“Fruit of the Gods” Ready To Eat Now

Author: Meera, November 12, 2013

 

 

Succulent, sweet, and juicy, these hachiya persimmons are worth waiting for

Succulent, sweet, and juicy, ripe Hachiya persimmons are worth the wait

 

If you love persimmons, it might interest you to know they are from a genus known by the Greeks as Diospyros kaki, “fruit of the gods.” But these sweet fruits must be fully ripened before consuming. The Fuju and Hachiya are the two main types grown in Northern California gardens. My favorite is the Hachiya; it has to be one of the most sensuous and luscious fruits on the planet to eat.

 

The Fuju fruit is more like an apple in shape and texture. You can differentiate it from the Hachiya because Fuju is squat and firm-fleshed, reddish yellow, and about the size of a baseball whereas the Hachiya fruit is pendulous-shaped, soft like an overripe plum, orange-scarlet in color, and about the size of a hefty apple or softball. Tamopan is a larger persimmon with a shape like a turban whereas Chocolate is so-named for its brown streaks; its flesh is quite sweet.

 

Persimmon trees look stunning in a garden, possessing outstanding ornamental qualities. They are relatively pest-free and produce consistently when mature. These small trees are easy to grow, have striking foliage and interesting branch structure, exposed after the leaves have fallen in autumn. They can even be espaliered against a frame or wall.

 

Hachiya persimmons are astringent on the tongue unless eaten when they are fully soft-ripe. Birds love them, too, so you have to pick them before they are pecked. Ripen in the kitchen before eating or cooking with them. If you want to dry persimmons, pick while the fruit is still firm and with some stem. Tie a string around the stem and hang in the sun until the fruit becomes dried. It will taste something like a high-quality prune or lichti.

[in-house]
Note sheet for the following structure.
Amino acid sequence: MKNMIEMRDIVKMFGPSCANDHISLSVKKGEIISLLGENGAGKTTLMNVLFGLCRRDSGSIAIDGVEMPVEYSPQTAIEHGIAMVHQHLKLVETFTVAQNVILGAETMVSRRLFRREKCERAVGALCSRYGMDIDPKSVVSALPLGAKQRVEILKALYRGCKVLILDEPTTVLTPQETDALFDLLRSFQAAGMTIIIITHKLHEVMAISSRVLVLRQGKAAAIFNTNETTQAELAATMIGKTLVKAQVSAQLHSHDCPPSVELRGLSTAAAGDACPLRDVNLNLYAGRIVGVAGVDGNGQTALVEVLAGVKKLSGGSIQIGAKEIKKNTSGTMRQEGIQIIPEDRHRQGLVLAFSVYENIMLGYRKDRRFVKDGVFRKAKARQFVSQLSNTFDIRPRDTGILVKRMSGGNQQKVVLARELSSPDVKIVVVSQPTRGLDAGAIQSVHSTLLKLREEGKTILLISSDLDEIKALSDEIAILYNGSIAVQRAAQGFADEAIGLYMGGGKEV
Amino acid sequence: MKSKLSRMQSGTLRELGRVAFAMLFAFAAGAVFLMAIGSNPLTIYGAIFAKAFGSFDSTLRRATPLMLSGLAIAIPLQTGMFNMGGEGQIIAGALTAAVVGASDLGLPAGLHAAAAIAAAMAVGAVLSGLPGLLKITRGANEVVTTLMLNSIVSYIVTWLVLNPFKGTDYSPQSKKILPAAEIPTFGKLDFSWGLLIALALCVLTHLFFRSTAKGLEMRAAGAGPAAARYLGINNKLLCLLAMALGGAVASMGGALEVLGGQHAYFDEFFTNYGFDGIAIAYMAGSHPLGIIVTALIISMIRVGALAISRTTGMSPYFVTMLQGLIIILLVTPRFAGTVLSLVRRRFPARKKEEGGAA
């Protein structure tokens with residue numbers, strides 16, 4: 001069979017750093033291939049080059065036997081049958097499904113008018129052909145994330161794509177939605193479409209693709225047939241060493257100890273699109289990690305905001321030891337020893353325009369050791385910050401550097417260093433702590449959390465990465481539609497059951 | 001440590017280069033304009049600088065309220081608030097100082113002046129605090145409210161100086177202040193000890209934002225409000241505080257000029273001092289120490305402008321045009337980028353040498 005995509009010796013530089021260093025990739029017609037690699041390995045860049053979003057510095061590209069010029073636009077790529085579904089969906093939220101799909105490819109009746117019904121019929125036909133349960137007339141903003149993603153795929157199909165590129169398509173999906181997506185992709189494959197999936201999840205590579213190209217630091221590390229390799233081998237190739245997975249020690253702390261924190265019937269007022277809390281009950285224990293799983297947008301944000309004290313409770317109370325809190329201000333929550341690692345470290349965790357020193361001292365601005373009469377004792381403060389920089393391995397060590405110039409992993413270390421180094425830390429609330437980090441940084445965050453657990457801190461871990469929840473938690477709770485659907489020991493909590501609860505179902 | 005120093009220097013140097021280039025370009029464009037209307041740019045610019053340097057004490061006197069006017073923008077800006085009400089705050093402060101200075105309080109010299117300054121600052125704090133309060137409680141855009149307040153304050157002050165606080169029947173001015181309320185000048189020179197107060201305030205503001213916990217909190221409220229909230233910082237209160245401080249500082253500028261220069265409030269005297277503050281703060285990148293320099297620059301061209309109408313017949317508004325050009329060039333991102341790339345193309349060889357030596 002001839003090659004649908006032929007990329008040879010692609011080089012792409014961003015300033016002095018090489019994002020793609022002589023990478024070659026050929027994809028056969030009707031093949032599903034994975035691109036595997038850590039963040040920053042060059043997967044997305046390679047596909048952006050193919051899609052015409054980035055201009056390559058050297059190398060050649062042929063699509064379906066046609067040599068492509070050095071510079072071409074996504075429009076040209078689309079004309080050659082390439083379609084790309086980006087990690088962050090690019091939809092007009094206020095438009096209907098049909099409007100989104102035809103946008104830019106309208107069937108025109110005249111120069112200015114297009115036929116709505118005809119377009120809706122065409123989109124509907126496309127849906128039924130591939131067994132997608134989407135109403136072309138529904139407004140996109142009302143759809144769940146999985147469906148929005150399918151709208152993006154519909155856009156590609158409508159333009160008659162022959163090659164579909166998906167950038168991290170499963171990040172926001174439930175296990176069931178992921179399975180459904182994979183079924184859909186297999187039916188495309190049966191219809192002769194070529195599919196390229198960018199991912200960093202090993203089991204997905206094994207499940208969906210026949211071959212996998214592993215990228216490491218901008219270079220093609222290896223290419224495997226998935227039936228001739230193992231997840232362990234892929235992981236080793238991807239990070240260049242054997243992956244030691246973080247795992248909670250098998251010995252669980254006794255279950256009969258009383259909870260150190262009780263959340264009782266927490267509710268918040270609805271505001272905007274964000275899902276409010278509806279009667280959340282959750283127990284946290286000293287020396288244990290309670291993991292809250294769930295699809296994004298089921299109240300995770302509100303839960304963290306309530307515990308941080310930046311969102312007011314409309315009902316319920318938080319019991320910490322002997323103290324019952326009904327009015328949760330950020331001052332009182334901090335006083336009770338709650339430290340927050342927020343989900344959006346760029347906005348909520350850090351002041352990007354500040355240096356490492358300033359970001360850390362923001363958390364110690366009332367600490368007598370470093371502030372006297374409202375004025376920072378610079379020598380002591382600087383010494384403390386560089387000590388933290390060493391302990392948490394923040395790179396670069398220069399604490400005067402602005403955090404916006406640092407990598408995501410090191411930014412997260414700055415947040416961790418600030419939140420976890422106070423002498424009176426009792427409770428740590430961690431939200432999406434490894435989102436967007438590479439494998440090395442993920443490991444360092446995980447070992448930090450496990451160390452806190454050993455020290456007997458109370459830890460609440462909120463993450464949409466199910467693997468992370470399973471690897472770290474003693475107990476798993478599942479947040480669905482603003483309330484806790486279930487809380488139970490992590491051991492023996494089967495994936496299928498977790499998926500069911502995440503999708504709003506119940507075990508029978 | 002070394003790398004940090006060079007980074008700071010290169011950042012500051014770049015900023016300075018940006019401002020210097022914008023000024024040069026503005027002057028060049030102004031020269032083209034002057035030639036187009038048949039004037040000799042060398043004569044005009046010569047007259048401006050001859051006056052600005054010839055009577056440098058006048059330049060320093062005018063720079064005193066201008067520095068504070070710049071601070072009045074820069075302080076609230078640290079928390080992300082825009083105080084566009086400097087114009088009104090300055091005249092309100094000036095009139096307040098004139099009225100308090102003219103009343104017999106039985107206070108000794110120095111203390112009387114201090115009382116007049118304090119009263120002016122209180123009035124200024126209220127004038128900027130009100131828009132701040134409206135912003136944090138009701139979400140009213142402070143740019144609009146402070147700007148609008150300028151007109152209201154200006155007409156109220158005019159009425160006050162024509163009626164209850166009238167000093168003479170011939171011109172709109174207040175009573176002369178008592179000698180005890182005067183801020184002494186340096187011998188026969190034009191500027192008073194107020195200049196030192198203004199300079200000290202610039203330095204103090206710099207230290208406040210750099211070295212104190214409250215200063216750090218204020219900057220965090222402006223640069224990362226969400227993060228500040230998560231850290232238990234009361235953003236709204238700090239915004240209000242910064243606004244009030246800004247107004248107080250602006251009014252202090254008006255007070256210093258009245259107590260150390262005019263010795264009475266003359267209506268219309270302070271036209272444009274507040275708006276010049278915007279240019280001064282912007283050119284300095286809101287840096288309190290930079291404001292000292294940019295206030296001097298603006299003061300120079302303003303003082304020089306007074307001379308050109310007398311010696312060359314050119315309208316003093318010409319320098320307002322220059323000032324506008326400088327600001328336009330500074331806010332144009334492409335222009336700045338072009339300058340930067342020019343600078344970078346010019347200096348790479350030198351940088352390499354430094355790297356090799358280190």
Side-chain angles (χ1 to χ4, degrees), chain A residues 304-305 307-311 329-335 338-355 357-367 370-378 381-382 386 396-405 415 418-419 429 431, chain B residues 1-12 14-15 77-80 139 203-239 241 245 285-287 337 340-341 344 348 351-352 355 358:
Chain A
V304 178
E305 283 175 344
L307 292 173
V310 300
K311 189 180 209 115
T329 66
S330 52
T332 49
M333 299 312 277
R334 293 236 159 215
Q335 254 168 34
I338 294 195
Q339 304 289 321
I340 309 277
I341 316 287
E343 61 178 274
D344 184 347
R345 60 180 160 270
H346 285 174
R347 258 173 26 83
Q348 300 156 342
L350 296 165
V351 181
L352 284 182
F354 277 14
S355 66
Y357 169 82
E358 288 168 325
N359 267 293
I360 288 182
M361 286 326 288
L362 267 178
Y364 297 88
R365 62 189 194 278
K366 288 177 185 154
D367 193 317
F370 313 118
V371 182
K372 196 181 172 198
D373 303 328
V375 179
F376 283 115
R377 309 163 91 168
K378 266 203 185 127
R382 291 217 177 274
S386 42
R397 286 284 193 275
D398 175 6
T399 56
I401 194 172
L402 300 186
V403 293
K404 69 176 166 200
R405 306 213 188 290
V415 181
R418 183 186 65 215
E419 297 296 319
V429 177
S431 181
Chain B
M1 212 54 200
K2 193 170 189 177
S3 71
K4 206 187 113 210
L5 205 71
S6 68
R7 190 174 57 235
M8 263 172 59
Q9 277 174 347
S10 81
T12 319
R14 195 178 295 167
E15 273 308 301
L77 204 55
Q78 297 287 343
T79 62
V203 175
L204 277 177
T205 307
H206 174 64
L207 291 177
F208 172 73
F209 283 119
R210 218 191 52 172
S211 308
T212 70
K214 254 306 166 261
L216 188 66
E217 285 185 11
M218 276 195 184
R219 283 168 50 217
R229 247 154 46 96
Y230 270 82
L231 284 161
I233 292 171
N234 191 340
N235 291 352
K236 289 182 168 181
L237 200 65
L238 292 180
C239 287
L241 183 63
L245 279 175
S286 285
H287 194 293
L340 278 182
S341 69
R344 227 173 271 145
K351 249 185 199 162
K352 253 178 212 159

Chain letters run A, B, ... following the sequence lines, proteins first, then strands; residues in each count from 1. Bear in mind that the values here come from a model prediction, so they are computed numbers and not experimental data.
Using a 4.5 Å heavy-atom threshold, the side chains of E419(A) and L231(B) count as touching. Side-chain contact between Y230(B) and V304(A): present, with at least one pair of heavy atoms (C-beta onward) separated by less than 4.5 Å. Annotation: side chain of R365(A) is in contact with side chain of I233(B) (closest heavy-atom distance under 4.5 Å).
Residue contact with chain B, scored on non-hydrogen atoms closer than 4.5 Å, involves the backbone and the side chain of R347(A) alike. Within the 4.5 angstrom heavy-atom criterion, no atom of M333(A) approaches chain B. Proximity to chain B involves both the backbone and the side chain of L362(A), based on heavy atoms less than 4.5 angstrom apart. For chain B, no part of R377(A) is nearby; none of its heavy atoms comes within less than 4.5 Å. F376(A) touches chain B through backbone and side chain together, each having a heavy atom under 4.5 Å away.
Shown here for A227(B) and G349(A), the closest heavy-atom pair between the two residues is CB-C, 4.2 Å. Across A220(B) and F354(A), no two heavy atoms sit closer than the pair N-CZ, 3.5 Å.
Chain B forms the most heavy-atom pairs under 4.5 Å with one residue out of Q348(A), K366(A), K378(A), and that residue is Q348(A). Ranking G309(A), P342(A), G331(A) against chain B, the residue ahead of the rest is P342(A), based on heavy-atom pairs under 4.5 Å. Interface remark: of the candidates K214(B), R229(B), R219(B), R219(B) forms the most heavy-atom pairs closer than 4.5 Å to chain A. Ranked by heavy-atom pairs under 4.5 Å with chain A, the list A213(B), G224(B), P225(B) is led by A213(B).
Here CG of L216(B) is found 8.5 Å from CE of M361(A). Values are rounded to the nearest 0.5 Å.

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Red pomegranates hang like jewels in contrast to the leaves that will soon yellow and drop

Red pomegranates hang like jewels in contrast to the lush green leaves that will soon turn yellow and drop

 

 

 

Autumn has a arrived. The fruit and nut trees are shedding leaves and preparing for winter dormancy. Pumpkins are taking center stage for harvest festivals and Halloween decorations. Apples have been gathered are are being peeled and cored for pies and cider making.

 

 

If you are thinking about putting away your gardening gloves and stashing your trowel and wheelbarrow, hold on a minute. It’s possible to extend the growing season from summer into autumn and even later . . . by taking a few precautions.

 

 

Pumpkins show orange and yellow, signalling the arrival of the cool season

Pumpkins in my garden sport golden shades of orange and yellow, signalling arrival of the cool season

 

 

As the sun slants lower in the sky giving us shorter days, less light, and fewer hours to garden, there are some plants that will grow just fine during the cool days of fall.

 

 

However, you must select the right plants for the cool season. In addition, you’ll increase your plants’ survival rate by growing them in raised beds and boxes with good soil and aged manure. Wet them well if a cold front comes through (it’s counter-intuitive but moisture will protect their roots). Keep them warm at night with plant covers that you take off during the day when they can make the most of the sun’s warmth and light.

 

 

Consider growing some of these cool season crops: beet, bok choy, broccoli, bulb onion, chard, fava bean, garlic, green onion, kale, kohlrabi, lettuce, radish, spinach, and turnip. I’ve found many of these plants available at my local DIY garden center during the past two weeks.

 

 

 

Coffee Cake, a variety of Fuyu persimmon will soon be picking ripe

Coffee Cake, a new variety of Fuyu persimmon I’m growing will soon be ripe for picking, slicing, and serving

 

 

For November, depending on weather conditions in local microclimates, Northern California gardeners can grow fava bean, garlic, greens, leek, lettuce, onion, pea, radish, and spinach as well as some perennial herbs, especially in boxes and/or pots on the patio or in protected places such as porches.

 

 

 

The pumpkin vine, now over 25 feet long, still have numerous blooms and tennis ball size green pumpkins

My pumpkin vines, over 25 feet long, still have numerous blooms and lemon-size green pumpkins hanging on

 

 

 

Because of Northern California’s mild Mediterranean climate, gardeners can enjoy cultivating plants from spring through the fall, not just during our hot summer months. If it gets too chilly for the poor honeybees to pollinate, get yourself a soft watercolor brush and do the pollination yourself.

 

 

Finally, it’s worth noting that during our rainy season, the water for the garden falls from the sky rather than from the hose. One of the many reasons not to put away the garden tools just yet.

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